Global Climate Change http://courses.dce.harvard.edu/~envre130
Environmental Justice http://courses.dce.harvard.edu/~envre145
Environment Ethics http://courses.dce.harvard.edu/~envre120

Join Global Power Shift

Published on Dec 20, 2012

Join us: http://globalpowershift.org

Application deadline EXTENDED to January 4.

PHASE 1: ISTANBUL, JUNE 10-17, 2013
PHASE 2: EVERYWHERE, 2013-14

Global Power Shift is the starting point for a new phase in the international climate movement. First, hundreds of climate leaders from around the world will gather in Istanbul to launch a year of new strategy and action for the movement. Then, we will fan out across the globe to spark an unprecedented wave of events and mobilizations for climate action.

Video by Kevin Buckland http://www.ctrlartshift.org

Music by Supergood (http://www.supergood.org)

E120, e130, E145

Moyers Moment (2010): What Martin Luther King Might Think of Today’s Eco nomic Justice

http://billmoyers.com/2013/01/15/moyers-moment-2010-what-martin-luther-king-would-think-today%E2%80%99s-economic-justice/
Moyers Moments

January 15, 2013
by BillMoyers.com

In this Moyers Moment from Bill Moyers Journal, Bill asks civil rights attorneys Bryan Stevenson and Michelle Alexander to imagine how Martin Luther King, Jr. — who would have been 81 when this clip aired in 2010 — would react to the current state of economic justice in America.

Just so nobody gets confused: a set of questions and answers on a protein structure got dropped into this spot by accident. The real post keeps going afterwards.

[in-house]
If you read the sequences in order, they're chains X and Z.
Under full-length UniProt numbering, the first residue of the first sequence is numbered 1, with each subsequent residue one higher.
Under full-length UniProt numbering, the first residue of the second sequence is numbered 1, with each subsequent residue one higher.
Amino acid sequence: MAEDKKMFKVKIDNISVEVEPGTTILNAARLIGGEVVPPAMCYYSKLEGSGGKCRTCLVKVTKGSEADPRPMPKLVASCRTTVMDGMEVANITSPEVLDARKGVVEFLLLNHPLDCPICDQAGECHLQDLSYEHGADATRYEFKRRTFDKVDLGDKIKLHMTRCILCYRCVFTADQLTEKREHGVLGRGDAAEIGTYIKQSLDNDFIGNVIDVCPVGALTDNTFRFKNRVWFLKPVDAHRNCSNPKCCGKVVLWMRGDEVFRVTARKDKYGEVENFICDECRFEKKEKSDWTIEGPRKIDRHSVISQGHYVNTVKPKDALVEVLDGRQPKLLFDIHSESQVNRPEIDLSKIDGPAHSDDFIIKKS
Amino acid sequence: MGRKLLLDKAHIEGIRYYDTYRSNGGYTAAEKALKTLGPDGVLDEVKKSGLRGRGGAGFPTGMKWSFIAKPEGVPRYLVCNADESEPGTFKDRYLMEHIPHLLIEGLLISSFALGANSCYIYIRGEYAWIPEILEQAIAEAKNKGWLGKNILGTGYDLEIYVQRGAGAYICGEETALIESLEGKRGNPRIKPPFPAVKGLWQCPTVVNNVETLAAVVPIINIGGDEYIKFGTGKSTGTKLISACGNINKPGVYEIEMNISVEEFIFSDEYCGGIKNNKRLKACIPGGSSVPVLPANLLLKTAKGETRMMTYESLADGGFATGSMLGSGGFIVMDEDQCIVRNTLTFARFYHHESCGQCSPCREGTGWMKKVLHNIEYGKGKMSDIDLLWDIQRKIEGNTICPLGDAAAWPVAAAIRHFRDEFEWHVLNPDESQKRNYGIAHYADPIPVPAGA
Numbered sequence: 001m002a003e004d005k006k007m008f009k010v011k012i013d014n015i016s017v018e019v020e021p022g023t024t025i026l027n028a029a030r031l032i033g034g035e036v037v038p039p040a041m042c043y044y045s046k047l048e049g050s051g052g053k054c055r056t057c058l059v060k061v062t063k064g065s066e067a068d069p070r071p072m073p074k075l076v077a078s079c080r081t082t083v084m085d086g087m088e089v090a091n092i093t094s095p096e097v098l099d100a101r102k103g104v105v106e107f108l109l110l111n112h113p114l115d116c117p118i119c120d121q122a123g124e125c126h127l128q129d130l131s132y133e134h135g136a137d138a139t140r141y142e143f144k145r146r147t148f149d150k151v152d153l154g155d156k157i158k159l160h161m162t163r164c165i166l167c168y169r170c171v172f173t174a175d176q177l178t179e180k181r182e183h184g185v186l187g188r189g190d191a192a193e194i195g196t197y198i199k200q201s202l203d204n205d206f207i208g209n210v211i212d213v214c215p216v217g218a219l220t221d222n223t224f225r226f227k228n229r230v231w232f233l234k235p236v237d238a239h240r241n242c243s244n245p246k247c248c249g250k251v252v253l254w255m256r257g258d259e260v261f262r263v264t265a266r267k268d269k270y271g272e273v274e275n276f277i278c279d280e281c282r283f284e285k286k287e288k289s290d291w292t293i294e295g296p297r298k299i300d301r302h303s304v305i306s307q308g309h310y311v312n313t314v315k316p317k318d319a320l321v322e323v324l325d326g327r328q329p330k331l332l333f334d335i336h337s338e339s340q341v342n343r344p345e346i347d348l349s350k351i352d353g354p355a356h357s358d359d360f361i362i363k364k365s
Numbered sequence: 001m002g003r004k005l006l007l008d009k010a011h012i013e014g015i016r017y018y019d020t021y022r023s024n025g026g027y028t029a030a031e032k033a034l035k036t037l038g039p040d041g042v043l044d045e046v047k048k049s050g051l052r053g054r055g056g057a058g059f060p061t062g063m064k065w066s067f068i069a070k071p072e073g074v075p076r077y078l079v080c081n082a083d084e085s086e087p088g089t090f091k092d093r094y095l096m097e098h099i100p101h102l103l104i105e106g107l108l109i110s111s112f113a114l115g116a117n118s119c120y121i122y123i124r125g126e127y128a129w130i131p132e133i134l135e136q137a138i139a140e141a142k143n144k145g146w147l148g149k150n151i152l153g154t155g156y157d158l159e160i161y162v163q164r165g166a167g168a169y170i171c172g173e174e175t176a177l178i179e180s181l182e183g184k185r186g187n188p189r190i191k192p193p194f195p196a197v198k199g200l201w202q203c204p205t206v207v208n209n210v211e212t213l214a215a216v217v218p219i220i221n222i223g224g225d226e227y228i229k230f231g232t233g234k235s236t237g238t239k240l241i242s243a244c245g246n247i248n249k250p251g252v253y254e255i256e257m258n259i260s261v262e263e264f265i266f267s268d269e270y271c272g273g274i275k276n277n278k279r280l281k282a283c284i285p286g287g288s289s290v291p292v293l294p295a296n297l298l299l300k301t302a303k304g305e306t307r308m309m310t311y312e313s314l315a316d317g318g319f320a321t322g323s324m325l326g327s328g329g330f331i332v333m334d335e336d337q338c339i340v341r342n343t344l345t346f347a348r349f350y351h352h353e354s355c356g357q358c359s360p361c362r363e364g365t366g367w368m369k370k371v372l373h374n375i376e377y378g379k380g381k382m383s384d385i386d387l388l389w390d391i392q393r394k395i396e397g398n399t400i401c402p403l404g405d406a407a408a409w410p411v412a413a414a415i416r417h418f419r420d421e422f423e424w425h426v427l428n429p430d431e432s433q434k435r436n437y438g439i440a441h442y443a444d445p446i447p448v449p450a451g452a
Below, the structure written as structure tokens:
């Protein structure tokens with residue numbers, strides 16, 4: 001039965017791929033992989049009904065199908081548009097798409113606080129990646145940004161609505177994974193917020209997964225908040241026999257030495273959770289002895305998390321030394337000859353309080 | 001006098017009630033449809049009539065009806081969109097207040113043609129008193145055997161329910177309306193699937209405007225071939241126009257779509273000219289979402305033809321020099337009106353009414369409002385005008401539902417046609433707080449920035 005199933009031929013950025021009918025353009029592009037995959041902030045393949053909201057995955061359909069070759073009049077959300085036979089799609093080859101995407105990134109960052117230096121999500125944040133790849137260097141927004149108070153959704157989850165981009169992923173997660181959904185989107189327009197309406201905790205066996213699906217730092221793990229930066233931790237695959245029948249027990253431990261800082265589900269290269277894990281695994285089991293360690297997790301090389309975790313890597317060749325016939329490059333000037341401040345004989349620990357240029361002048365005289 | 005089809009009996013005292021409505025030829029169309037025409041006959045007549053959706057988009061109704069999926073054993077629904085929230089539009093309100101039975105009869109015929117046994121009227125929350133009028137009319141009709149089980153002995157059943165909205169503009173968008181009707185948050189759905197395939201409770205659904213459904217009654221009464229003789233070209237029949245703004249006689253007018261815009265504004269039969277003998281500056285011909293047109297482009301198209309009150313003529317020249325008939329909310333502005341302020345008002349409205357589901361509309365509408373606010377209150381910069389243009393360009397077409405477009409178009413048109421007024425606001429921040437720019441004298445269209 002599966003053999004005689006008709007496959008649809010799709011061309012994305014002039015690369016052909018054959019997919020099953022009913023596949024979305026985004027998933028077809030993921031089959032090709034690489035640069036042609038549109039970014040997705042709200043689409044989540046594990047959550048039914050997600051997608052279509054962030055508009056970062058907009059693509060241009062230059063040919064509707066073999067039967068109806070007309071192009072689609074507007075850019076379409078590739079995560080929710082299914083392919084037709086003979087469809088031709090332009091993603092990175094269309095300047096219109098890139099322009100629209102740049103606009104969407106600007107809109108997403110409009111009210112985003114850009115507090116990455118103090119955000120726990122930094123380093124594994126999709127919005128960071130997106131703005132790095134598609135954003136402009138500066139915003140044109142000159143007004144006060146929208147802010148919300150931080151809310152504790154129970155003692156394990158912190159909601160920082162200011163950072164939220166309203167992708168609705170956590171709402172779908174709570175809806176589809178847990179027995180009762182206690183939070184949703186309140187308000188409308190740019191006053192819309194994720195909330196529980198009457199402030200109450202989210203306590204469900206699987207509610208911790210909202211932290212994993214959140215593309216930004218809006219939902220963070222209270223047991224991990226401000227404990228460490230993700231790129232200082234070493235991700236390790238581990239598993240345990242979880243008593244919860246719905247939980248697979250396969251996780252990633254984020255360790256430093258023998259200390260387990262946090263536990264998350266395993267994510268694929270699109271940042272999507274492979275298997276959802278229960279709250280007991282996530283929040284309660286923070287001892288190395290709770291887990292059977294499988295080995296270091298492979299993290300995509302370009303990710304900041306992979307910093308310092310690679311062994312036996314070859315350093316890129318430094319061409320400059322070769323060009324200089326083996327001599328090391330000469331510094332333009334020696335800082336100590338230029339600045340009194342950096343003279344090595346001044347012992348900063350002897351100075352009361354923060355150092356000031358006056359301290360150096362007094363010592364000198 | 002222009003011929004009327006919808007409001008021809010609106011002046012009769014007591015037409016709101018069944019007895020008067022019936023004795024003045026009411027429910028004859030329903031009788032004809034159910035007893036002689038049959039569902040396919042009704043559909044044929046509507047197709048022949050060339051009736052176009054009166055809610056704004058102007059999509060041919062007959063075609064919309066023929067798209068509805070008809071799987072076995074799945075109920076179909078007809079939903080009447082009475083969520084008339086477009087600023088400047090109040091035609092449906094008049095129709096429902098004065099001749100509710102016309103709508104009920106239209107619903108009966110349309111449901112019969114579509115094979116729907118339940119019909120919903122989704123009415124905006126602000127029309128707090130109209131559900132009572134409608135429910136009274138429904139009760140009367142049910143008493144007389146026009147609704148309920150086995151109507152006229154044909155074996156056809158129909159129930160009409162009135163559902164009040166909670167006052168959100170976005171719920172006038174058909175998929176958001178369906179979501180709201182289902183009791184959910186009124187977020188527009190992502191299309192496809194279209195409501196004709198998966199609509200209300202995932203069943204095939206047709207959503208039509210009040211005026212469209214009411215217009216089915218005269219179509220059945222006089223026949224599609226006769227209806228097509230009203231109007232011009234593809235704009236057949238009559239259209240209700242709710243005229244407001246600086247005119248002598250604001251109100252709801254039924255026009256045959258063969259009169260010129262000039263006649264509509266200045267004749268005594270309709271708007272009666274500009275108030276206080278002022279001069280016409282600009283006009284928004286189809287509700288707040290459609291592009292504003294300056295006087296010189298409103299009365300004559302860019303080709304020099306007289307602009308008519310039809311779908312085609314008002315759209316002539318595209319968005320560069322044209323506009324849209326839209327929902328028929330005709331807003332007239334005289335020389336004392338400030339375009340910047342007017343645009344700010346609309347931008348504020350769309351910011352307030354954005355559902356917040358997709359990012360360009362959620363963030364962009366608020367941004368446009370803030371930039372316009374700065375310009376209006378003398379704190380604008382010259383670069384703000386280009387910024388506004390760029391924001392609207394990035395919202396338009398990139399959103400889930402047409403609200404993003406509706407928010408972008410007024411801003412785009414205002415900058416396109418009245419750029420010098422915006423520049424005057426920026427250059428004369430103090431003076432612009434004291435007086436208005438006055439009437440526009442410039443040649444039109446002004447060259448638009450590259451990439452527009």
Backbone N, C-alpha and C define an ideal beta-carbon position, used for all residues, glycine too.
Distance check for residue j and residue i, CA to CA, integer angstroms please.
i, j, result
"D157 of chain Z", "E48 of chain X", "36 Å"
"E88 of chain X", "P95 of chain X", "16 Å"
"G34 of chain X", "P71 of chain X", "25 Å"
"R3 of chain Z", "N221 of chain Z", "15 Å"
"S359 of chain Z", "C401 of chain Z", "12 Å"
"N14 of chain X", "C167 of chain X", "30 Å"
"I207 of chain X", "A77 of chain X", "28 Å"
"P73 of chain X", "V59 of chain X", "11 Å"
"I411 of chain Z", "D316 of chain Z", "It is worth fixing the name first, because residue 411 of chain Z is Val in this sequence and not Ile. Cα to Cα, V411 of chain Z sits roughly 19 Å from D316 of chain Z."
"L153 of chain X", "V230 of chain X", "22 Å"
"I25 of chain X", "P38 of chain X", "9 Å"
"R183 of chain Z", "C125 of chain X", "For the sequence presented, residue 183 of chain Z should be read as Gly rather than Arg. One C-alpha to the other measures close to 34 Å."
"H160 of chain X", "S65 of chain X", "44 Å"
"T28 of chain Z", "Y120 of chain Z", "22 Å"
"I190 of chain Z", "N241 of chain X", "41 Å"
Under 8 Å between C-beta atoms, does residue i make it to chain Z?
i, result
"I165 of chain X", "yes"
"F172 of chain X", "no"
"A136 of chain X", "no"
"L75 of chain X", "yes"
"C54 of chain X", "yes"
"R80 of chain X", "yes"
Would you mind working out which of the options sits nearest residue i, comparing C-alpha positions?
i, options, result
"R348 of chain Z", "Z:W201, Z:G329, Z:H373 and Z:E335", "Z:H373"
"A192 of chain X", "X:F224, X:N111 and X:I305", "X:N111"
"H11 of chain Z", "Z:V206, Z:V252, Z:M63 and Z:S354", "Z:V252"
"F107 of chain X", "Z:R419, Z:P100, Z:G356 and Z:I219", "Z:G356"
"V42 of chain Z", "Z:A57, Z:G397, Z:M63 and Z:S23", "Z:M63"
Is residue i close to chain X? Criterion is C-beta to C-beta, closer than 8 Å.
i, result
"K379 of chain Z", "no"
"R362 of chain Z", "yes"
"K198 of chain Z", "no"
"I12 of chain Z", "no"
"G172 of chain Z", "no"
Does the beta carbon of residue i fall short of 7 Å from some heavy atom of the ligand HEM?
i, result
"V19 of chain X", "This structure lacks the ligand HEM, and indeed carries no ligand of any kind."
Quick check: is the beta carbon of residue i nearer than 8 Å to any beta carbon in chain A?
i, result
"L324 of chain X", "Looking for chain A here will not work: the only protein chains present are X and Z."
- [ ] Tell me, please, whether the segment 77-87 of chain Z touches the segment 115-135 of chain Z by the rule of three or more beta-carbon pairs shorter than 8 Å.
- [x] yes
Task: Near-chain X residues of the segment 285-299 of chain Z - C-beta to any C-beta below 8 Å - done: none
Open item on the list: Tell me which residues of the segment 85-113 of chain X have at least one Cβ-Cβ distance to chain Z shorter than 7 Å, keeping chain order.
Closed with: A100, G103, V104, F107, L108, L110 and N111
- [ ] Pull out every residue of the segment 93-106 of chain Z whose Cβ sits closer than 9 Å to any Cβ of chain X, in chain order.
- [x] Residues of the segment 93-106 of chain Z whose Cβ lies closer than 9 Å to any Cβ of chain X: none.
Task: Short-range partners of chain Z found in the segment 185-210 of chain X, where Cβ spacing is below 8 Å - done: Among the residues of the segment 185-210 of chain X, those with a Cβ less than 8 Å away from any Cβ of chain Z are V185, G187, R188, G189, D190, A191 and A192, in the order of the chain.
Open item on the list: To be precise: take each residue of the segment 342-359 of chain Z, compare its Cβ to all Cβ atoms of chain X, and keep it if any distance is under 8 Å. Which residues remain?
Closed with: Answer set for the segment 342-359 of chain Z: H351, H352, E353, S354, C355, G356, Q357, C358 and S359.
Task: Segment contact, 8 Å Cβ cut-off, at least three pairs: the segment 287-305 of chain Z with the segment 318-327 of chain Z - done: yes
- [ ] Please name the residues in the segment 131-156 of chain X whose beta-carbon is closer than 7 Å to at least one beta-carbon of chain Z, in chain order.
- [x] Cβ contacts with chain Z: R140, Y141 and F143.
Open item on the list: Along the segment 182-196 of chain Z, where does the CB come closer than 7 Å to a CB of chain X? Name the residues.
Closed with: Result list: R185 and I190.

Stevenson says King would be heartbroken. “It would be sad to him to see how wealth has caused many people — people of color and others — to abandon the poor, to give up on this dream of economic justice,” he tells Bill, later sharing a remark that continues to resonate strongly: “In this country, the opposite of poverty is not wealth… in America, the opposite of poverty is justice.”

Environmental Justice http://courses.dce.harvard.edu/~envre145
Environment Ethics http://courses.dce.harvard.edu/~envre120

Explaining Hurricane Sandy to a Climate Change Denier


Podiatry Avengar

Published on Oct 29, 2012

Hurricane Sandy is zeroing in on the coastal United States, it is yet another example of Climate Change effecting our weather. But, now the climate change and global warming deniers will yell about how we are exploiting a tragedy by pointing out the obvious.
Interested in other parody videos about climate change deniers go to
http://gopenviromentalist.blogspot.com/
Get a stop Global Warming T shirt link below:
http://www.amazon.com/gp/product/B00AEYXGE4/ref=as_li_tf_tl?ie=UTF8&tag=t…

Global Climate Change http://courses.dce.harvard.edu/~envre130
Environmental Justice http://courses.dce.harvard.edu/~envre145
Environment Ethics http://courses.dce.harvard.edu/~envre120

Bill McKibben on Sandy and Climate Change: “If There Was Ever A Wake-up Call, This Is It”


democracynow

Part 2

Published on Oct 29, 2012

Visit http://www.democracynow.org to watch more reports on Democracy Now!, an independent, global news hour that airs weekdays on 1,100+ TV and radio stations.